Jiahao Zhong, a passion for mathematics & programming

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Monday, August 15, 2016

Jiahao Zhong is a graduate student visitor at HAO since March 2015. He works with Wenbin Wang and Alan Burns. He is currently a Ph.D. student at University of Science and Technology of China working with Jiuhou Lei. His current research goals are aimed at understanding the topside ionosphere and plasmasphere variability under different geophysical conditions using GNSS total electron content (TEC) data observed by low Earth orbit (LEO) satellites.

Jiahao Zhong image
Jiahao Zhong

Jiahao is from Guangzhou, the capital of Guangdong province in China (third largest Chinese city behind Shanghai and Beijing). Guangzhou is a sprawling port city northwest of Hong Kong on the Pearl River. As a boy he developed a strong love for mathematics and programming; later, he became interested in processing satellite remote sensing data.

As part of Jiahao's Ph.D. program, he researches the retrieval of the absolute LEO-based TEC data. He has assessed the LEO-based mapping function, which is used to convert slant TEC to vertical TEC. He has discovered that the long-term variations of the GPS differential code biases (DCB) are not associated with the ionospheric variability with the LEO-bases data. He has also proposed an improved LEO DCB estimated method and discussed the parameter setting in a least square LEO DCB method. These method improvements are helpful to process highly accurate and reliable LEO-based TEC data.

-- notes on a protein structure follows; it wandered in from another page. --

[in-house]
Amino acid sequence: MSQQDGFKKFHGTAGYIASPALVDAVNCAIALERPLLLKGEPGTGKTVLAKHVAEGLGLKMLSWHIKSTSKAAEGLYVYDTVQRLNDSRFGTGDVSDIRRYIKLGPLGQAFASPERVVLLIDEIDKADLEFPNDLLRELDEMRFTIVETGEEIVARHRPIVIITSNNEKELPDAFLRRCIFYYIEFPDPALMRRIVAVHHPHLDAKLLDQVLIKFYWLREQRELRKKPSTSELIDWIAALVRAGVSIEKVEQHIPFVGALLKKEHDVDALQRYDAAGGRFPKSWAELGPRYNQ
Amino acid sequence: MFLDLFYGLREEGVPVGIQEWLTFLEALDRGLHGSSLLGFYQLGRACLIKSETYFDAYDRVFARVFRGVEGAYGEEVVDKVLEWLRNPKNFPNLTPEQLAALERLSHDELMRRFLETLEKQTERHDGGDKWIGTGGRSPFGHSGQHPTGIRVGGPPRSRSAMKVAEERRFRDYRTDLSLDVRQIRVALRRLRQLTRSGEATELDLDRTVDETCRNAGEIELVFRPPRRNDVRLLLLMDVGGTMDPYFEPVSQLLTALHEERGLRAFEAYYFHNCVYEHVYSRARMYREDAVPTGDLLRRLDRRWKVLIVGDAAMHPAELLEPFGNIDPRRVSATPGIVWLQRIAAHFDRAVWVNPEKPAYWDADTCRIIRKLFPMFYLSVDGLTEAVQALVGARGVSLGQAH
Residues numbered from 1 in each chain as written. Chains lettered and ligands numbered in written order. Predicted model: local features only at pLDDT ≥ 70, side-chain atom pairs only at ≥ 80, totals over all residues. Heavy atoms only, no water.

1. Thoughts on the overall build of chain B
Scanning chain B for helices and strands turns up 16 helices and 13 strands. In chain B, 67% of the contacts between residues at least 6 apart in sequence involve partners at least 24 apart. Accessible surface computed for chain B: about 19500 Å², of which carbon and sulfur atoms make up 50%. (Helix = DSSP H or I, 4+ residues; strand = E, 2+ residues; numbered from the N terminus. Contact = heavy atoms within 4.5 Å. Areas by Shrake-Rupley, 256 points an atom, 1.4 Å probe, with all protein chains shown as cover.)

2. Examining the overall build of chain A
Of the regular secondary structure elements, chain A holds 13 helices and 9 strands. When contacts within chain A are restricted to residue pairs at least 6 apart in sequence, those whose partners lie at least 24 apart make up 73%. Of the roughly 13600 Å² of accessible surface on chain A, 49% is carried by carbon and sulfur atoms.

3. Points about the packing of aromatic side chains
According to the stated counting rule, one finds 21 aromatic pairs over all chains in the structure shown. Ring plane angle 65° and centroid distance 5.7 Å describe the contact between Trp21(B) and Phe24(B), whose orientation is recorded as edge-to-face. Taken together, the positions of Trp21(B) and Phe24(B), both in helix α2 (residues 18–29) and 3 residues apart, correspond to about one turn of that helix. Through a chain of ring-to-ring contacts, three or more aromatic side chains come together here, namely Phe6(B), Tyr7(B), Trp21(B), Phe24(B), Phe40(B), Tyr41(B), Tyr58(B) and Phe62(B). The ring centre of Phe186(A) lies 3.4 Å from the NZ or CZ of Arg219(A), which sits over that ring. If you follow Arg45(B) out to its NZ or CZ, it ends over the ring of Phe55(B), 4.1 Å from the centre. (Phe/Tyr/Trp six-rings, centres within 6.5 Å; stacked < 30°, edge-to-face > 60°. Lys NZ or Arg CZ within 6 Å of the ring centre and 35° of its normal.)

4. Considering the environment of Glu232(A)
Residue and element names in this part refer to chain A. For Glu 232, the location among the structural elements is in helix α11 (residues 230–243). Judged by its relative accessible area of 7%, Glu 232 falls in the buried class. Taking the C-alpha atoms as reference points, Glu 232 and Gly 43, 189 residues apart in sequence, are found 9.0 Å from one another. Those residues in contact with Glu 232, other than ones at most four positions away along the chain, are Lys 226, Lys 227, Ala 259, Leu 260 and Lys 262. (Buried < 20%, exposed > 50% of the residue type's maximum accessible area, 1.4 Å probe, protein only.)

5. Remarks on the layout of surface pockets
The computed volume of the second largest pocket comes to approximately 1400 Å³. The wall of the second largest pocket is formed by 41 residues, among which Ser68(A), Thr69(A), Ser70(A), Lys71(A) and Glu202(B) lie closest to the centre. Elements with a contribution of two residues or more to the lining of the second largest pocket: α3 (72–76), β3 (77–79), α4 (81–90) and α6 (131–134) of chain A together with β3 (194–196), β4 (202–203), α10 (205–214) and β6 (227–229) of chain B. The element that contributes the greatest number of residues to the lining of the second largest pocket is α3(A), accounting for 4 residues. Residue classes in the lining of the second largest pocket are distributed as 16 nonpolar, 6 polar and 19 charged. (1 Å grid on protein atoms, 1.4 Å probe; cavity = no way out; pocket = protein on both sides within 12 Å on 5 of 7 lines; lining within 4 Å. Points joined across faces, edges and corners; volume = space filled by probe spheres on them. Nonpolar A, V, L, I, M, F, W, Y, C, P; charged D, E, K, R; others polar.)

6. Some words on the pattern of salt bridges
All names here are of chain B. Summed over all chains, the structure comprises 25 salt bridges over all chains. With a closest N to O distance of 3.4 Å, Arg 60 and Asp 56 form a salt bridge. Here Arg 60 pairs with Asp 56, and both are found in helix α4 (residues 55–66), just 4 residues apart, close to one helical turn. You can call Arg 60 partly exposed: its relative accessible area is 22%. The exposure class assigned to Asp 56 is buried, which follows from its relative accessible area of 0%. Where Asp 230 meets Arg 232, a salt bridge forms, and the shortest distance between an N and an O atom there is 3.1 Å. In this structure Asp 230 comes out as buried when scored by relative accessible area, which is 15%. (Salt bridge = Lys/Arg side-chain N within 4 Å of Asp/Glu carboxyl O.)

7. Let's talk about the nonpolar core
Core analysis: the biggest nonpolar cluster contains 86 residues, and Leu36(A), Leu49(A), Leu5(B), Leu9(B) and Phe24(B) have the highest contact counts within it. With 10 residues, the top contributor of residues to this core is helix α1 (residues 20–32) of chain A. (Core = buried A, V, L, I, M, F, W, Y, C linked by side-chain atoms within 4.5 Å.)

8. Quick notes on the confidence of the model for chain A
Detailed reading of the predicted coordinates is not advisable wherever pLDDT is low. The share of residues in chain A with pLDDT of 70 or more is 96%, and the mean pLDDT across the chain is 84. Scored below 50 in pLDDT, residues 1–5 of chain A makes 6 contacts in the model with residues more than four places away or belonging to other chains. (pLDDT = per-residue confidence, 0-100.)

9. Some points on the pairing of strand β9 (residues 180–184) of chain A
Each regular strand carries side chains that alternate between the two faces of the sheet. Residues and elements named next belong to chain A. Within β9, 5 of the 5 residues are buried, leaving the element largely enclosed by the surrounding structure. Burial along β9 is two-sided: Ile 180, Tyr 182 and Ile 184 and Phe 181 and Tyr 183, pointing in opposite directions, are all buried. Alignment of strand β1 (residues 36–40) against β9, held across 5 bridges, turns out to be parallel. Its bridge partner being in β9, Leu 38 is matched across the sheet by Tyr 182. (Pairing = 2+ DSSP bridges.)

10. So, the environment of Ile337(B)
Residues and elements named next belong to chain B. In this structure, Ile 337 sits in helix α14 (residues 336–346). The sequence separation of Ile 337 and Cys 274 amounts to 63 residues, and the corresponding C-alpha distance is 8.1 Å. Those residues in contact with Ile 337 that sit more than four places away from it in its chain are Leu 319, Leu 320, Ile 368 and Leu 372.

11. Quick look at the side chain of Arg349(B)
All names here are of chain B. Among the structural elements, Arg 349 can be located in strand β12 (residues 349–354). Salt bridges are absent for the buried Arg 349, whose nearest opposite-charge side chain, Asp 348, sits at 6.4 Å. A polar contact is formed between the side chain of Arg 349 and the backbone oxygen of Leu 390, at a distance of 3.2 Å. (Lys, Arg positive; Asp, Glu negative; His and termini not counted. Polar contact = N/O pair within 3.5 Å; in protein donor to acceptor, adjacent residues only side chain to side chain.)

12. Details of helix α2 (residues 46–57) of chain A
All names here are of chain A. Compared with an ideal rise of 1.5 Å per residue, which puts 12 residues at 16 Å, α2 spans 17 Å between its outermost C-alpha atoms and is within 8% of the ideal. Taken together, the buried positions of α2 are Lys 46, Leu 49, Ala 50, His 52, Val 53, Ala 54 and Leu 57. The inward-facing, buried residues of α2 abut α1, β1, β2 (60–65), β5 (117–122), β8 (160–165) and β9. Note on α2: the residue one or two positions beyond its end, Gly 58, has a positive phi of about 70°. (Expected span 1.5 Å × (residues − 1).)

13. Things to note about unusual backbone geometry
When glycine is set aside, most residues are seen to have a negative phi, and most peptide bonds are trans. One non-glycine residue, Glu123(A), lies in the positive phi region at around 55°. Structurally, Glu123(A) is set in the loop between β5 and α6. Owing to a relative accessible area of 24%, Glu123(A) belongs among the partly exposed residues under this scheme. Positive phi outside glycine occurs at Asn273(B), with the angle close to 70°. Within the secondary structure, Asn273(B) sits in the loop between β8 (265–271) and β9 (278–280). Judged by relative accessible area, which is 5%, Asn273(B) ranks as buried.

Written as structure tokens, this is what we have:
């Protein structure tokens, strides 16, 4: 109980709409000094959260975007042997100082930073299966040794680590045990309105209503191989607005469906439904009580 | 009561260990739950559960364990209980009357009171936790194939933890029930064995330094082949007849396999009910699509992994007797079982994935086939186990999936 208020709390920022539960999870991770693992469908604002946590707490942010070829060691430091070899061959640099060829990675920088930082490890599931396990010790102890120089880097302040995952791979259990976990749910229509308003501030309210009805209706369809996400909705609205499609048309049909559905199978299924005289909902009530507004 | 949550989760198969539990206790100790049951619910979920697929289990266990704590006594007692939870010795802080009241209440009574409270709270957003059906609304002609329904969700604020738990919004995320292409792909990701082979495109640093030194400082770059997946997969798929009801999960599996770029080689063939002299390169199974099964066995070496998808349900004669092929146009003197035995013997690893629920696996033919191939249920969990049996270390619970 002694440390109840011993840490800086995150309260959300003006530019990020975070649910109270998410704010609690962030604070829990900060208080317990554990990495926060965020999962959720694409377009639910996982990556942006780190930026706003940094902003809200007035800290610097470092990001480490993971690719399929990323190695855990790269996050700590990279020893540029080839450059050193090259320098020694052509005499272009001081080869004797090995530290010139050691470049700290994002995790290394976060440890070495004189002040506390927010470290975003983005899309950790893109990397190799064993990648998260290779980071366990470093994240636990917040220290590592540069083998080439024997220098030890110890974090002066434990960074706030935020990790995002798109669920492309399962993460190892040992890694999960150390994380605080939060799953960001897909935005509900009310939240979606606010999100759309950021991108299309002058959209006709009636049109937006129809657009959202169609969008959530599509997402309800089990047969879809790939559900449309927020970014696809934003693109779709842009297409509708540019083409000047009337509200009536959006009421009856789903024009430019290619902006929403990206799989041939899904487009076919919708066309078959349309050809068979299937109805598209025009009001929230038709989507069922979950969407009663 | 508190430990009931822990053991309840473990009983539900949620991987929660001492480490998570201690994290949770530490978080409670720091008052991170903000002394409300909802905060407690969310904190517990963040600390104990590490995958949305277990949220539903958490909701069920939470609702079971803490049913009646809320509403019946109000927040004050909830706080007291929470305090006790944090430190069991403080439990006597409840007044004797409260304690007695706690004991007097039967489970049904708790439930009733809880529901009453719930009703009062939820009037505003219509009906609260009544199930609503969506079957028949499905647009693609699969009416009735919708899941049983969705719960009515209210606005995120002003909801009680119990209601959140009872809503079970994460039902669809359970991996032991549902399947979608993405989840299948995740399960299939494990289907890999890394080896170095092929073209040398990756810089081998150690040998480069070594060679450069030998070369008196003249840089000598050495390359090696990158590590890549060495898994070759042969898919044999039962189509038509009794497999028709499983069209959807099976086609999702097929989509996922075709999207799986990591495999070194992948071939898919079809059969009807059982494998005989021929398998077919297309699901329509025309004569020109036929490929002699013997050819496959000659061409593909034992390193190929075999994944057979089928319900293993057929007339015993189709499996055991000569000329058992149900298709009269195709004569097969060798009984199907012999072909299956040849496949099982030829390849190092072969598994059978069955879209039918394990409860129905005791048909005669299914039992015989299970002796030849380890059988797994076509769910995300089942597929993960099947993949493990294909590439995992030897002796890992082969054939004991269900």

As a graduate student visitor at HAO, Jiahao has used LEO-based TEC observations from multiple LEO satellites to investigate the local time, altitudinal, and longitudinal dependence of the topside ionospheric storm effect during both the main and recovery phases of the March 2015 geomagnetic storm, and he found that there was a persistent topside TEC depletion that lasted for more than 3 days after the storm main phase at most longitudes. In addition, Jiahao has been working on the longitudinal and latitudinal structures of upward-looking TEC under various conditions of solar flux, altitude, local time and season using upward-looking TEC data observed by two Sun-synchronous-orbit satellites during 2008–2015. In the future, Jiahao will use electron densities, electric fields, neutral winds and neutral composition from the NCAR-TIEGCM simulations to explore the underlying physical processes that are responsible for the variability of the topside ionosphere. In the end of August, Jiahao will complete his program at HAO and return to his home institution. Jiahao will receive his Ph.D. in July 2017.